In this series, we’ll be taking a closer look at some of the lesser-known, but amazing TCG’s on the market. We’ll chat with established members from the communities surrounding these games to get a real inside.

We’ll chat about what makes these games and communities different, what makes them worth trying, and overall what makes these games great!


Final Fantasy TCG (FFTCG), plays like the love-child of Magic The Gathering and Vanguard.

Brian Holland

by Brian Holland

With huge numbers reminiscent of many Japanese card games, a come-back mechanic that encourages unique deck building and cures you of the feel-bads, and a resource system allowing for more decisions points than most games, FFTCG is something worth trying out. 

I spoke with Jason Zhe and Sam Connor, two FFTCG Judges and community ambassadors. Zhe also creates content for the game via the handle “GrandJason.”

Zhe, a long time veteran of many card games including Yu-Gi-Oh!, Pokemon, Magic and smaller titles like VS System and World of Warcraft, says that the FFTCG can really hold its own, even when toe-to-toe with the big dogs.

‘I wasn’t expecting much initially.’ Zhe said. ‘But after playing a couple of rounds of the game, I really enjoyed how it drew so much inspiration from the source material.’

That said, you don’t have to have decades of experience playing tabletop card games in order to enjoy, and be good at, FFTCG.

‘It was my first card game,’ now-Judge Sam Connor told me. ‘I was a bit slow to pick it up, and a bit hesitant to try it out at my locals, but once I got into the swing of things, I fell in love with it. I play for the community, the card options and the artwork.’ 

‘Great use of card artwork from veteran artists like Yoshitaka Amano leave players and collectors in awe.’ Zhe added.

In FFTCG, you assemble a cohort of characters who attack (Forwards), and characters who support (Backups), and do battle with your opponent. The aim of the game is to attack your opponent directly, resulting in a card being flipped from the top of their deck and set aside, out of the game. Once a player has seven cards set aside, they’ve lost.

Of course, it’s not that simple. Players use their characters to block incoming attacks, and to team up and do big attacks to overcome blockers- not to mention Summons; one-off cards played directly from hand that effect the game in some way.

Some cards have an EX Burst -an ability that triggers for free when that card is taken as damage. This means that even if you’re being attacked and taking hits, you can sometimes get positive benefits which can keep you alive- or even swing the game back in your favour!

‘The game plays like a modern reimagining of Magic: The Gathering.’ Zhe said. ‘The resource system, Crystal Points, gives players the flexibility to both discard cards from hand as well as use Backups to play their cards.’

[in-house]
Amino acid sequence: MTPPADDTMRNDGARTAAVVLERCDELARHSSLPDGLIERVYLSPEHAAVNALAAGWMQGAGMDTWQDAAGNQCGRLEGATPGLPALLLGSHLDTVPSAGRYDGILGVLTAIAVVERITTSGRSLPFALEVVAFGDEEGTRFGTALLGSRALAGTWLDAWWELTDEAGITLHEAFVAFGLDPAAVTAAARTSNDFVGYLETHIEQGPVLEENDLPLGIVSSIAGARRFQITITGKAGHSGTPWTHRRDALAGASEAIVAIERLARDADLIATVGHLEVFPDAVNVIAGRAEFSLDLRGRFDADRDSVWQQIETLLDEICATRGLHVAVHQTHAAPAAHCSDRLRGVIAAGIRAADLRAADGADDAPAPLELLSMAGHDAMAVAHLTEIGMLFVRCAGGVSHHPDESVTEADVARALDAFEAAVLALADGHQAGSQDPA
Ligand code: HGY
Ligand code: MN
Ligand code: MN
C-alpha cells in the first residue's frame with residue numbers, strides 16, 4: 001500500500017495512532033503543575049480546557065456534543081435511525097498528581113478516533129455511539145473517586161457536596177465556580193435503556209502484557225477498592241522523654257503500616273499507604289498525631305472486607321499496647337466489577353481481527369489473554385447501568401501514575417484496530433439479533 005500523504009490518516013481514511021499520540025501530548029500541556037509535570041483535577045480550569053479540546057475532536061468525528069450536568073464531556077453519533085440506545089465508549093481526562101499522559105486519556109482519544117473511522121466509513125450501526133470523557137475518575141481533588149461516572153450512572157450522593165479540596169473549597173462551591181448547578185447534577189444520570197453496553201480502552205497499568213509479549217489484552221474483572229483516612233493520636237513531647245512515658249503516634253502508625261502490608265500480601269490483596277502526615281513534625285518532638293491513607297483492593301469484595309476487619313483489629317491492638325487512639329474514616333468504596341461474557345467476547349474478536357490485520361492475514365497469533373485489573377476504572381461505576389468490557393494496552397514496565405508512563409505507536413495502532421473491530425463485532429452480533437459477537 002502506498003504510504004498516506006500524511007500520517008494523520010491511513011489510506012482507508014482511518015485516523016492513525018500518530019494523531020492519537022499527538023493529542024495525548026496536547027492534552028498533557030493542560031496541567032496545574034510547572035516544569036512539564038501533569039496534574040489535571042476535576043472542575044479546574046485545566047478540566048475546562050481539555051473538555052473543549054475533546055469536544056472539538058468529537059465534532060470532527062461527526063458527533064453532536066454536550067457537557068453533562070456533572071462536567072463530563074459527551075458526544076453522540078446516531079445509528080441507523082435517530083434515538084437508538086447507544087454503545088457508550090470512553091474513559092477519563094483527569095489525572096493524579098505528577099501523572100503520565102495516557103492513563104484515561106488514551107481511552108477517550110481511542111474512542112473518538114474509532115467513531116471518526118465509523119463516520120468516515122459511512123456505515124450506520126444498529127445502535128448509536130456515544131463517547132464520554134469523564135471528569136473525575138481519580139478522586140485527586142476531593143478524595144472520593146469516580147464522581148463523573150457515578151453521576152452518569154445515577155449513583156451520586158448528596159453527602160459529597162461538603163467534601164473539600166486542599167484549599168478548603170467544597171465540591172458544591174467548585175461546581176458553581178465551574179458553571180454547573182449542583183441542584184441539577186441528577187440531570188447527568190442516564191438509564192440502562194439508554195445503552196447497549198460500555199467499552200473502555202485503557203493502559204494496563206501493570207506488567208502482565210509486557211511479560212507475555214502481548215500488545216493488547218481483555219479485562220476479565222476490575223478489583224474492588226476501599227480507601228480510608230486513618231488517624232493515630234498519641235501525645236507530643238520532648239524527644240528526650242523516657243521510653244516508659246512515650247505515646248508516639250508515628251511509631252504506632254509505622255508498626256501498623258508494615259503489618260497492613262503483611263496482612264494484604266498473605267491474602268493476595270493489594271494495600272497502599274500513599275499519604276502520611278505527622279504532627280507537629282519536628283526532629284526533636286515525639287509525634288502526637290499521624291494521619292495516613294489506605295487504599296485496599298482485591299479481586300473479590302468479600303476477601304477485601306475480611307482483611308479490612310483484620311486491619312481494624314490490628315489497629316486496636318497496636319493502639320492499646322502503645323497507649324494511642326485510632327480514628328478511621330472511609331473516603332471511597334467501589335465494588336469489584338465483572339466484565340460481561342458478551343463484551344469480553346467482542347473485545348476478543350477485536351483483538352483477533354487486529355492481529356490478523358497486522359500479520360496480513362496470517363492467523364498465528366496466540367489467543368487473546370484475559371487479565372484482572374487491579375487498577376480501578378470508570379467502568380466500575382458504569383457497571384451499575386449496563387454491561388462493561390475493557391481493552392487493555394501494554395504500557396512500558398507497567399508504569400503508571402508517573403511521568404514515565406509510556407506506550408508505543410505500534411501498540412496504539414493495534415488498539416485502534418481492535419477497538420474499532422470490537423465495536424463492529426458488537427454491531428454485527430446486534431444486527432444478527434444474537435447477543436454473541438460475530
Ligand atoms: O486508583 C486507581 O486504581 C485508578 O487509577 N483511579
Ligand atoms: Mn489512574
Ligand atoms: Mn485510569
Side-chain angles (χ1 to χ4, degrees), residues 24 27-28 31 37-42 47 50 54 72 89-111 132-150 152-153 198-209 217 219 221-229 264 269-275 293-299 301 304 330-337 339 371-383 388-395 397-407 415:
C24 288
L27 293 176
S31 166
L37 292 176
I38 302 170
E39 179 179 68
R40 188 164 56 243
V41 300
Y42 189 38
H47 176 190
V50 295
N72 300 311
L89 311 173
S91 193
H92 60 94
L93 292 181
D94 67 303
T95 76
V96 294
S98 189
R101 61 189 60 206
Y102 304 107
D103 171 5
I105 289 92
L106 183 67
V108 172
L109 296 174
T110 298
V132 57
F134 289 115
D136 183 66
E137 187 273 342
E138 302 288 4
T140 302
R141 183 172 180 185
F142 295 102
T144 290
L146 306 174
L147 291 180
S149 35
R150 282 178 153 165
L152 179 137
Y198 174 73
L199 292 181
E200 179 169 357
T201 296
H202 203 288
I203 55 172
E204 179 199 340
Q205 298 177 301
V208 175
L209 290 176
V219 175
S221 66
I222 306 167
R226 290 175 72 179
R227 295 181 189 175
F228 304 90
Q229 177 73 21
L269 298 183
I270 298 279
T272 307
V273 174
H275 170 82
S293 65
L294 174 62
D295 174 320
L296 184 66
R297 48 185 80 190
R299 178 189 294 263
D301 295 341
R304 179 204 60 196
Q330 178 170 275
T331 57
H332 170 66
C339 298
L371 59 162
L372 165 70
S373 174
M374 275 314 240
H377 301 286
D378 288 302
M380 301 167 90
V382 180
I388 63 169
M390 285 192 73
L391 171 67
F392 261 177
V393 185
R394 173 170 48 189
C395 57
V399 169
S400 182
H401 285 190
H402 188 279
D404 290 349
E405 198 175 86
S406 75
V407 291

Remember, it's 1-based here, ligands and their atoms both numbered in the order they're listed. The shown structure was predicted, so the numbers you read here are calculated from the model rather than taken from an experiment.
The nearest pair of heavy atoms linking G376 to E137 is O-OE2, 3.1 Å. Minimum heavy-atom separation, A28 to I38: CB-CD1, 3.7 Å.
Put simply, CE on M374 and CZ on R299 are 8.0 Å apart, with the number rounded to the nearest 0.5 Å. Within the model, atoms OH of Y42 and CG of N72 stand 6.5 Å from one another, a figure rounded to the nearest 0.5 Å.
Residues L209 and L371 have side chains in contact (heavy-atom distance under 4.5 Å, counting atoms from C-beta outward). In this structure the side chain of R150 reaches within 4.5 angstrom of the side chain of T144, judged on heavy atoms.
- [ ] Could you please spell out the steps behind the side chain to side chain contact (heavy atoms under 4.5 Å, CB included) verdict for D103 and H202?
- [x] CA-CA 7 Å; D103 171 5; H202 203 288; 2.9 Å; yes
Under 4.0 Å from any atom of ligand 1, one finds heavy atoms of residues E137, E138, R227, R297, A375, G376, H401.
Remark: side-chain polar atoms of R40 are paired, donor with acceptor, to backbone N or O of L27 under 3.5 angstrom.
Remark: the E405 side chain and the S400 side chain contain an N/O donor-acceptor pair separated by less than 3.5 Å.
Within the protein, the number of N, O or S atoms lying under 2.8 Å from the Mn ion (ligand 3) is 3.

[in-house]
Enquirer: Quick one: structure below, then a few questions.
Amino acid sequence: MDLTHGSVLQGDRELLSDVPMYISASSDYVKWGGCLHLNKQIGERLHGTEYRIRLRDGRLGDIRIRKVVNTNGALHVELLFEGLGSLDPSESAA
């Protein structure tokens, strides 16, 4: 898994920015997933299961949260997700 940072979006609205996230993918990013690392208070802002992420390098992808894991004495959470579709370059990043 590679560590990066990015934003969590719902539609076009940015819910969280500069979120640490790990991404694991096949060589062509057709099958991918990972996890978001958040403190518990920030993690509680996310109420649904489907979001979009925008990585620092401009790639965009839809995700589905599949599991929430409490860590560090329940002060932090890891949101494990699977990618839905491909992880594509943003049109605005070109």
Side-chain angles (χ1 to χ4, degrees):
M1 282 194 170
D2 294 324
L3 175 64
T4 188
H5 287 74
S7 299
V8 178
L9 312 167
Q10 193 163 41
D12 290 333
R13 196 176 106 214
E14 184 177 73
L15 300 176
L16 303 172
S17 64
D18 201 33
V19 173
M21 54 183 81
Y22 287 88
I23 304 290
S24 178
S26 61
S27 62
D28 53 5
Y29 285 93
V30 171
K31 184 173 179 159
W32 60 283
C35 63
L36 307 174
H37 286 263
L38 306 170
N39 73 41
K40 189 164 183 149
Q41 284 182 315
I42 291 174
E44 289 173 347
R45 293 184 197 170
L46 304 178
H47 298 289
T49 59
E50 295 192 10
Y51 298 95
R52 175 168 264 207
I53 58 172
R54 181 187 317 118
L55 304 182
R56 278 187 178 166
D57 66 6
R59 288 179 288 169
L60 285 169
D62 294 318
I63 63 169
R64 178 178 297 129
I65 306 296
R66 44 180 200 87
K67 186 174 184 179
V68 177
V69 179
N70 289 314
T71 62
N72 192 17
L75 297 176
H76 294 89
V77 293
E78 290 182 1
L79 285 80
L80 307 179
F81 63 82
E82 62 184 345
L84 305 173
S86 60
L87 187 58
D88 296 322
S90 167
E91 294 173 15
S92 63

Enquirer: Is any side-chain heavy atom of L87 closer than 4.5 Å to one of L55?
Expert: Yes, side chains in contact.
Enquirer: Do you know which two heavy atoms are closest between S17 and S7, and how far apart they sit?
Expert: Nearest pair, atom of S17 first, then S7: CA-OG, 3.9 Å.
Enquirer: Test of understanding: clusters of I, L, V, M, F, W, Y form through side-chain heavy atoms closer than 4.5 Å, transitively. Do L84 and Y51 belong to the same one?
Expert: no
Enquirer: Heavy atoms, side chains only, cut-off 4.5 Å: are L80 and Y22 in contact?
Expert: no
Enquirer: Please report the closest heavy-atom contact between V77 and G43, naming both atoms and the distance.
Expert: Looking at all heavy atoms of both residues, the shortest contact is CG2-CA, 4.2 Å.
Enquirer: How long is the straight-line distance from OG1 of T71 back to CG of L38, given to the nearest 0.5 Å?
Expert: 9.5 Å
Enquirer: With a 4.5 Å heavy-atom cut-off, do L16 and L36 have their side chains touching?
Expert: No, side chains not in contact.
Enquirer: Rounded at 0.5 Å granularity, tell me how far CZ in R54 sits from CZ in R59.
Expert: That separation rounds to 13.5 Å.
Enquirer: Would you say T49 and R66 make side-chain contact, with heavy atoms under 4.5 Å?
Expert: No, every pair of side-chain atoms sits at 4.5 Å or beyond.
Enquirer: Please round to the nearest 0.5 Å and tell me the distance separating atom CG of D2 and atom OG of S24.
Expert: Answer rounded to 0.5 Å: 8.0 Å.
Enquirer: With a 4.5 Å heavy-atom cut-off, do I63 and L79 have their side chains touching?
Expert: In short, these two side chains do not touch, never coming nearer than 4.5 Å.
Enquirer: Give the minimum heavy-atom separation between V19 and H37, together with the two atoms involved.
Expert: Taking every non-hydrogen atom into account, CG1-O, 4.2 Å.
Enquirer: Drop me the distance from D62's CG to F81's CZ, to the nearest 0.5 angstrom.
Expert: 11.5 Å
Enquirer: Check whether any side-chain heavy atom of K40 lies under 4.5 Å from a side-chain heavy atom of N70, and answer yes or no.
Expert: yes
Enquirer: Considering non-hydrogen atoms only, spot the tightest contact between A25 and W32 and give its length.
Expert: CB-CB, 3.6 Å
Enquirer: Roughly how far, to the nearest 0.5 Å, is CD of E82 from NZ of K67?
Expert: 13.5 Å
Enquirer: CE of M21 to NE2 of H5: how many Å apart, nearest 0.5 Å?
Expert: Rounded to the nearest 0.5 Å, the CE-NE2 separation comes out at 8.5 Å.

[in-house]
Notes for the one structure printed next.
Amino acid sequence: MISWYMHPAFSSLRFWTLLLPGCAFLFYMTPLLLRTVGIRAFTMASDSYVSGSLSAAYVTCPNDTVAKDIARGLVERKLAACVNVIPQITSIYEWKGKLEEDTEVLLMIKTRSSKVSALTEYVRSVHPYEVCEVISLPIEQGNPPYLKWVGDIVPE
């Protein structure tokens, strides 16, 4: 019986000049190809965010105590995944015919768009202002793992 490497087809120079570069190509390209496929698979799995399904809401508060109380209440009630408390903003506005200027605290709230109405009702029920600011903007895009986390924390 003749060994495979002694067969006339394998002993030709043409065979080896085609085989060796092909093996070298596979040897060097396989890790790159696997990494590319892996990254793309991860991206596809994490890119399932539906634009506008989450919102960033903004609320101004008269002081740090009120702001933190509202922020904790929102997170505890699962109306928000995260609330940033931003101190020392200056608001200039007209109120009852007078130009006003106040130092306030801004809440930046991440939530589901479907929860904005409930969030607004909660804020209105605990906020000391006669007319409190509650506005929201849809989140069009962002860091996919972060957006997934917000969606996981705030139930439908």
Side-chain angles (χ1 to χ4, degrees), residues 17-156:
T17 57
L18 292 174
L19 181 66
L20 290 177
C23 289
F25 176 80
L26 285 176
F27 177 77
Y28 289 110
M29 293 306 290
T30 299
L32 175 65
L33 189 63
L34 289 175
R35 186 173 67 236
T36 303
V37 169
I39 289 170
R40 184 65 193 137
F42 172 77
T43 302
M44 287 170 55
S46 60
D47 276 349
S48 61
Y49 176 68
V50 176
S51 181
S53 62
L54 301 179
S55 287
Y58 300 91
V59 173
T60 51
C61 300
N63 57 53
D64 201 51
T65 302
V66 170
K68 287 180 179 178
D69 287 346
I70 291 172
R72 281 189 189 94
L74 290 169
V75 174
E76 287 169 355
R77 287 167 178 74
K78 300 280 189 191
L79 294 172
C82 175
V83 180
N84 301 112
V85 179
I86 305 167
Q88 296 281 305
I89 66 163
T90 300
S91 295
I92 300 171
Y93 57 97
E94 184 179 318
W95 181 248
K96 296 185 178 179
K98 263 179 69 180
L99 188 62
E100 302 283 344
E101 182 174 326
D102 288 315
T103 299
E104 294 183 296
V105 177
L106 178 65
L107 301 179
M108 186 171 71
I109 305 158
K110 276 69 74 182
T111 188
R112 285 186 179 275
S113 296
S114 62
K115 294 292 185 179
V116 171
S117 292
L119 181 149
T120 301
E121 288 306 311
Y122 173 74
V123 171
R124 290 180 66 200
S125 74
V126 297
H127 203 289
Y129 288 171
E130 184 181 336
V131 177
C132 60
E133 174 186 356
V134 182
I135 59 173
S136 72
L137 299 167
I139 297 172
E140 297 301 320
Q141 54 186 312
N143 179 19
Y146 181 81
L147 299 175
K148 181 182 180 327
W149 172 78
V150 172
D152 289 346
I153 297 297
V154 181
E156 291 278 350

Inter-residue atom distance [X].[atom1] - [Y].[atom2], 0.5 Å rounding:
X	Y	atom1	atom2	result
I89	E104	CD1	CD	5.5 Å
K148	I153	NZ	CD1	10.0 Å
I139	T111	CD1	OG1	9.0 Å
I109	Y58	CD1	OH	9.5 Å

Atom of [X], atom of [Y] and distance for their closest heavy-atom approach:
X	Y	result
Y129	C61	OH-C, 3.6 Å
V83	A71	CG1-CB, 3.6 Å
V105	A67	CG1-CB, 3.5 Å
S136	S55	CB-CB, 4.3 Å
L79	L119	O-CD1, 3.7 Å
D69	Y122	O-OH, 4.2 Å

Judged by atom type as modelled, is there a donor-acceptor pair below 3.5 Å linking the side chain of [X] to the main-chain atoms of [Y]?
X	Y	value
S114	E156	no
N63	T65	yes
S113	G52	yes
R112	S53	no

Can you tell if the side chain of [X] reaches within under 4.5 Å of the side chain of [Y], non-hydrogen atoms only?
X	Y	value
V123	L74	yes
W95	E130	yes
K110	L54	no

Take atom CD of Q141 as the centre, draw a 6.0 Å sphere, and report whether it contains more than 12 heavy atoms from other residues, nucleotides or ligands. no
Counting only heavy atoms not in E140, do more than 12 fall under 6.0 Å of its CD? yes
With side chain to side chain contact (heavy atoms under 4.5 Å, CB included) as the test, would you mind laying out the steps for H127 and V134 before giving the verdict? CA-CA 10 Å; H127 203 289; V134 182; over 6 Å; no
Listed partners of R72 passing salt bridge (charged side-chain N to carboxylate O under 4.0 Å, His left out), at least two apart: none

This flexibility allows you to play high-cost cards ‘off-curve’ as gambit plays at the cost of card advantage. The system opens up a lot of avenues and decision points.

Is playing two mid-tier cards by turn three better than playing one bomb card on turn one? It will depend on your deck, your hand, and your opponent.

While a love of the source materiel will certainly help your immersion and excitement, particularly when recognising the name of a powerful ability like the Renzenkuken from Final Fantasy VIII, the games doesn’t falter if you don’t know Tidus loves Yuna, or that Aerith dies (spoilers). 

‘Players are free to use characters from a wide variety of games -from the main line and spin-off series-, to create custom decks and strategies.’ Zhe said of deck building. ‘Want to create a deck where you play your ultimate dream team of the biggest badasses from each game? Or maybe even overwhelm your opponent with the cuteness of Chocobos and Moogles?’

‘My favourite thing about the game is the amount of arguably stupid deck building ideas that can be accomplished and end up being vaguely successful.’ Connor added. 

‘They are all viable and developed strategies of the game.’ Zhe said. 

While the meta isn’t quite as driven by its structure decks in the same way games like Yu-Gi-Oh! are, FFTCG remains one of the more accessible TCG’s on the market. 

Last year, I purchased a starter deck and after consulting with the local FFTCG community, made a few tweaks before entering into the regionals at Good Games Melbourne- only to make the cut to top 8!

There aren’t many games were you can say that a starter deck plus a few rares will give you a fighting chance in the competitive field. 

I should mention, I entered only one event prior to regionals, just to try my hand at the game, and see what all the fuss was about. The FFTCG community were not only welcoming, but assisted me in the tweaks I should make, gave helpful advice without looking down their nose, and in some cases even gifted me cards they thought would go well in my deck. 

It was really something else.

‘The FFTCG community to date is still the most friendly and supportive community I’ve ever been a part of.’ Zhe said. 

‘Becoming part of this community was one of the best decisions I ever made.’ Connor said.

‘Even at the highest level of competition, there is nothing but respectful rivalries.’ Zhe went on. ‘Many of us compete hard to win, but we all know that it’s a game first and can easily share fun experiences both during and after.’

‘They’re incredibly kind and generous,’ Connor added, ‘and everyone keeps paying forward that kind mentality.’


Curious about getting into Final Fantasy? Ask your local Good Games store and start playing today!